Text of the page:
January 20, 2011

Don't Ask, Don't Tell

Marcia Franklin talks with Lt. Col. Victor Fehrenbach of Mountain Home Air Force Base, whose challenge of the "Don't Ask, Don't Tell" (DADT) policy regarding gays in the military was one of the centerpieces of the debate on the issue.

Now that DADT has been effectively repealed, what's next for Fehrenbach and other gays serving in the military? What changed lawmakers' minds about lifting the ban on gays serving openly in the U.S. armed forces? Will the repeal hurt morale in the military?

Fehrenbach, who has served in the U.S. Air Force since 1991, has deployed six times in support of seven major combat operations, including missions over Iraq, Kosovo and Afghanistan. His decorations include the Meritorious Service Medal, nine Air Medals - including an Air Medal for Heroism - and five Air Force Commendation Medals.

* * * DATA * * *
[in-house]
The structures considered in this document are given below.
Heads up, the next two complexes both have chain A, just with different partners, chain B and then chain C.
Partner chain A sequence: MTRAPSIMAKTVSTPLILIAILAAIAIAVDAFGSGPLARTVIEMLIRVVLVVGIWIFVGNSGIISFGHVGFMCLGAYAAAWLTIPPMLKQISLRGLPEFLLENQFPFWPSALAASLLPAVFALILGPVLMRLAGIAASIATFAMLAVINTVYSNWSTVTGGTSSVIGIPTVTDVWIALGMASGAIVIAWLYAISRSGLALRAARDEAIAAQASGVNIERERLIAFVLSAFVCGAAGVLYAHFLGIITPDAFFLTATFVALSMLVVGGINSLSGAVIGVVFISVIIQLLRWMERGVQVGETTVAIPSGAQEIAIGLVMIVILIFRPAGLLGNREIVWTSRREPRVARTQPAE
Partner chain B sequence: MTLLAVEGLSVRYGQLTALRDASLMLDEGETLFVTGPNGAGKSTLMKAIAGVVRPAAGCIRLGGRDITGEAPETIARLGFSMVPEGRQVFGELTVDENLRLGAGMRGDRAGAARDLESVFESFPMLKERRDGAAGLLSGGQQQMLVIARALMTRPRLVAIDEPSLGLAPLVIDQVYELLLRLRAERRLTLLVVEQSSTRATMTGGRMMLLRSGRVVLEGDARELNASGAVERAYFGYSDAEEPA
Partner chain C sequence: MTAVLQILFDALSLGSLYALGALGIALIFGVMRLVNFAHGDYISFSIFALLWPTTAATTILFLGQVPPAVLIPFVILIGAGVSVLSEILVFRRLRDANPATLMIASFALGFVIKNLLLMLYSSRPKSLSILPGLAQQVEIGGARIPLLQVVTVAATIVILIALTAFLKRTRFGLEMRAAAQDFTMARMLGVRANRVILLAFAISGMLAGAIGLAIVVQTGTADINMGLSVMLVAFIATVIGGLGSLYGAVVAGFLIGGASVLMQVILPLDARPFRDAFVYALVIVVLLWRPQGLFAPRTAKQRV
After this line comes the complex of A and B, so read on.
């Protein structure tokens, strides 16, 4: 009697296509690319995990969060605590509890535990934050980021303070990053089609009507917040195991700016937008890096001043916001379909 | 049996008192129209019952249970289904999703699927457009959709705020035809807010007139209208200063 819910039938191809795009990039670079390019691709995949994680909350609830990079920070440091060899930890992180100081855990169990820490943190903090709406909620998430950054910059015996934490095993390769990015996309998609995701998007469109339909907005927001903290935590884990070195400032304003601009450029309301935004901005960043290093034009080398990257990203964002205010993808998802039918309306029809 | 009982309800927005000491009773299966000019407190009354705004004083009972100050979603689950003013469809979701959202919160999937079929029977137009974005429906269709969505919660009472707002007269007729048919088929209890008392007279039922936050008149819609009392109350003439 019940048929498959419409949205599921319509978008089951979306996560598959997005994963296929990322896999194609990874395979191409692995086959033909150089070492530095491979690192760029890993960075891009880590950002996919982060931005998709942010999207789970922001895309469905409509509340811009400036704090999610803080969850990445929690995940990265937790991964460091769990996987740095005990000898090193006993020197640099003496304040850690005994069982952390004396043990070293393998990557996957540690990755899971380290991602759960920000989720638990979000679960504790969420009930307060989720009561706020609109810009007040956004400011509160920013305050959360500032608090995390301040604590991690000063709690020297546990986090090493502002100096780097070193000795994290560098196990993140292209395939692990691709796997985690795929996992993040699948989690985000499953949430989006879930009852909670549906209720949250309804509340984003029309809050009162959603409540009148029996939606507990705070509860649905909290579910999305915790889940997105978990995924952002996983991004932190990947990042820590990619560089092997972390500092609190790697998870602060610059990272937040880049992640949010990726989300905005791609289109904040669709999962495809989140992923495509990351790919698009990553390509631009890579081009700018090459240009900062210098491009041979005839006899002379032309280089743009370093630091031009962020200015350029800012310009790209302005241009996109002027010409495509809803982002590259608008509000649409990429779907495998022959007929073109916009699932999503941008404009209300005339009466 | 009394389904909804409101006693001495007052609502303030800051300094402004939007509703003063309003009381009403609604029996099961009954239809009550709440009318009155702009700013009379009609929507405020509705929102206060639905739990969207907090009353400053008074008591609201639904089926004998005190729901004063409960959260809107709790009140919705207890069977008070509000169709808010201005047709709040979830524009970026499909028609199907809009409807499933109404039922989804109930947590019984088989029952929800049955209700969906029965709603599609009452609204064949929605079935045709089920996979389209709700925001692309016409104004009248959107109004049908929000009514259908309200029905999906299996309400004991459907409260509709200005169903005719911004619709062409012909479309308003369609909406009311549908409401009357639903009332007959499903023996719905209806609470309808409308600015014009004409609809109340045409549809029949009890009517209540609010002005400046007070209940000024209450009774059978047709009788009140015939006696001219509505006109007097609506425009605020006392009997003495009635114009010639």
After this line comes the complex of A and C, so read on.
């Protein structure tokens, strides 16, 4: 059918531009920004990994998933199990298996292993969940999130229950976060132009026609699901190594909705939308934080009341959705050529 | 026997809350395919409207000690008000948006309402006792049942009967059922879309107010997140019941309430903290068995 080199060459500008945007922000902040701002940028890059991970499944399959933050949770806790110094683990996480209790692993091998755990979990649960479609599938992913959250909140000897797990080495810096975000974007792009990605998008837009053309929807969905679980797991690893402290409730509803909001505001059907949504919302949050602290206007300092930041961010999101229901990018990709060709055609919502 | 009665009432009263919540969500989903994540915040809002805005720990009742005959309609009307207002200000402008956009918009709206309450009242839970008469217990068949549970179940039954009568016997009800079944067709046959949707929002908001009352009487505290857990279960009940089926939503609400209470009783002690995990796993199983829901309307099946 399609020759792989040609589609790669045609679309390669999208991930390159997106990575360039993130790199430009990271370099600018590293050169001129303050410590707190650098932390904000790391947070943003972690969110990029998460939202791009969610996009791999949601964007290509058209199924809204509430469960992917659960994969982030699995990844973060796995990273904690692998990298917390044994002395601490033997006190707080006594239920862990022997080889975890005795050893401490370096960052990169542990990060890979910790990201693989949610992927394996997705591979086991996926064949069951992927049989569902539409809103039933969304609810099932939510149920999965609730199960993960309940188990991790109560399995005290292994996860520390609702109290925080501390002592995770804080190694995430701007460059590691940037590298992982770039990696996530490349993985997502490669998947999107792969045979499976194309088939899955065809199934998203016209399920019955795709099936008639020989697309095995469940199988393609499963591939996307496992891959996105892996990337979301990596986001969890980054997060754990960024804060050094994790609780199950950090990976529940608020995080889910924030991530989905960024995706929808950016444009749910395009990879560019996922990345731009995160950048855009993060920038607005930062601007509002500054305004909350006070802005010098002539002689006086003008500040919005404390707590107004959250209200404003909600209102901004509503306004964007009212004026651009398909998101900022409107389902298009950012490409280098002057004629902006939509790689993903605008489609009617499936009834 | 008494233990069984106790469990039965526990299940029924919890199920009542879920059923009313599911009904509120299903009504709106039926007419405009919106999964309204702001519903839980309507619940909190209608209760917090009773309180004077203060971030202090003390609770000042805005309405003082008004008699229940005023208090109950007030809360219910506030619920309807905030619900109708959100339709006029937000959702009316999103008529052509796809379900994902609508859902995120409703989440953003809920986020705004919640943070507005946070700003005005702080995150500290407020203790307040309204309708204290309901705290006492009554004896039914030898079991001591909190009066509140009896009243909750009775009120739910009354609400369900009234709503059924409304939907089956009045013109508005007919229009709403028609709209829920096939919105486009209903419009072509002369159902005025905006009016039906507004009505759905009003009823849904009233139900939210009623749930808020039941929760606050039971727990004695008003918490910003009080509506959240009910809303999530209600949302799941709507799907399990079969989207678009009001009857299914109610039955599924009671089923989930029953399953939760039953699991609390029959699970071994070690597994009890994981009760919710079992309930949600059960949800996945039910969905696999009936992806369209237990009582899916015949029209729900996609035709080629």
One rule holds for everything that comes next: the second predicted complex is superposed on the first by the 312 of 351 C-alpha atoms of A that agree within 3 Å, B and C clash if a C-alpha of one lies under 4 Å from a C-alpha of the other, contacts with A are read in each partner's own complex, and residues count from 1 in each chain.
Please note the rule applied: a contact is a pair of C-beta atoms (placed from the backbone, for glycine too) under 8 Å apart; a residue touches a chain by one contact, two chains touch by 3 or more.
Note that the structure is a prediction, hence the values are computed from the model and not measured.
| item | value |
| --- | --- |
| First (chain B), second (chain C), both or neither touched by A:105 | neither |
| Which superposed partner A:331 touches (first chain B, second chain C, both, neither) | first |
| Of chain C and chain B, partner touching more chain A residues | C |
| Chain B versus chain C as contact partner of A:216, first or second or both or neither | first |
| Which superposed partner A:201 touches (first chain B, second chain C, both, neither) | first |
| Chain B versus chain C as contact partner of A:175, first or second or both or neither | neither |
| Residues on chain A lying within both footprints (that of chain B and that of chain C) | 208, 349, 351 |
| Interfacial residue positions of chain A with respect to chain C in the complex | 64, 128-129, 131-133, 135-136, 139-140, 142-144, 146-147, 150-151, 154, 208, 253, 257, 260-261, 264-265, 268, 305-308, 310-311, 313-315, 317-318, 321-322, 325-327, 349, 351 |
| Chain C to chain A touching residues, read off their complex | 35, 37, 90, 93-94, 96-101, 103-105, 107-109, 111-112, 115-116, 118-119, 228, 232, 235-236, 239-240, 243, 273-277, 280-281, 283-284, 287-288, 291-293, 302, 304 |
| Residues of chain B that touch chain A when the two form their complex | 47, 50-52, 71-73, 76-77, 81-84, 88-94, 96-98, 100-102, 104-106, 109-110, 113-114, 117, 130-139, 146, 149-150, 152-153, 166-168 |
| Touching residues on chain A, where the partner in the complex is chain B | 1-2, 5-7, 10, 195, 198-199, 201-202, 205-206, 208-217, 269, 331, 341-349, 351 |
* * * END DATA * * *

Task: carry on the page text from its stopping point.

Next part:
In May of 2008, Fehrenbach discovered that he had been "outed" by a civilian and that the Air Force was seeking to terminate him under "Don't Ask, Don't Tell." He decided to fight his discharge and then go public about his situation. His case added to the national discussion on the issue, with newly elected President Barack Obama saying he wanted to repeal DADT.

On Dec. 15 of last year the U.S. House passed a repeal bill, and three days later the Senate also passed the legislation. President Obama signed the bill the following week.

However, under the new law, the president, the secretary of defense and the Joint Chiefs of Staff must, among other measures, certify that they have drafted repeal regulations that don't harm military readiness, effectiveness, unit cohesion, recruiting and retention. Once that certification is given, a 60-day waiting period will begin before DADT is formally repealed.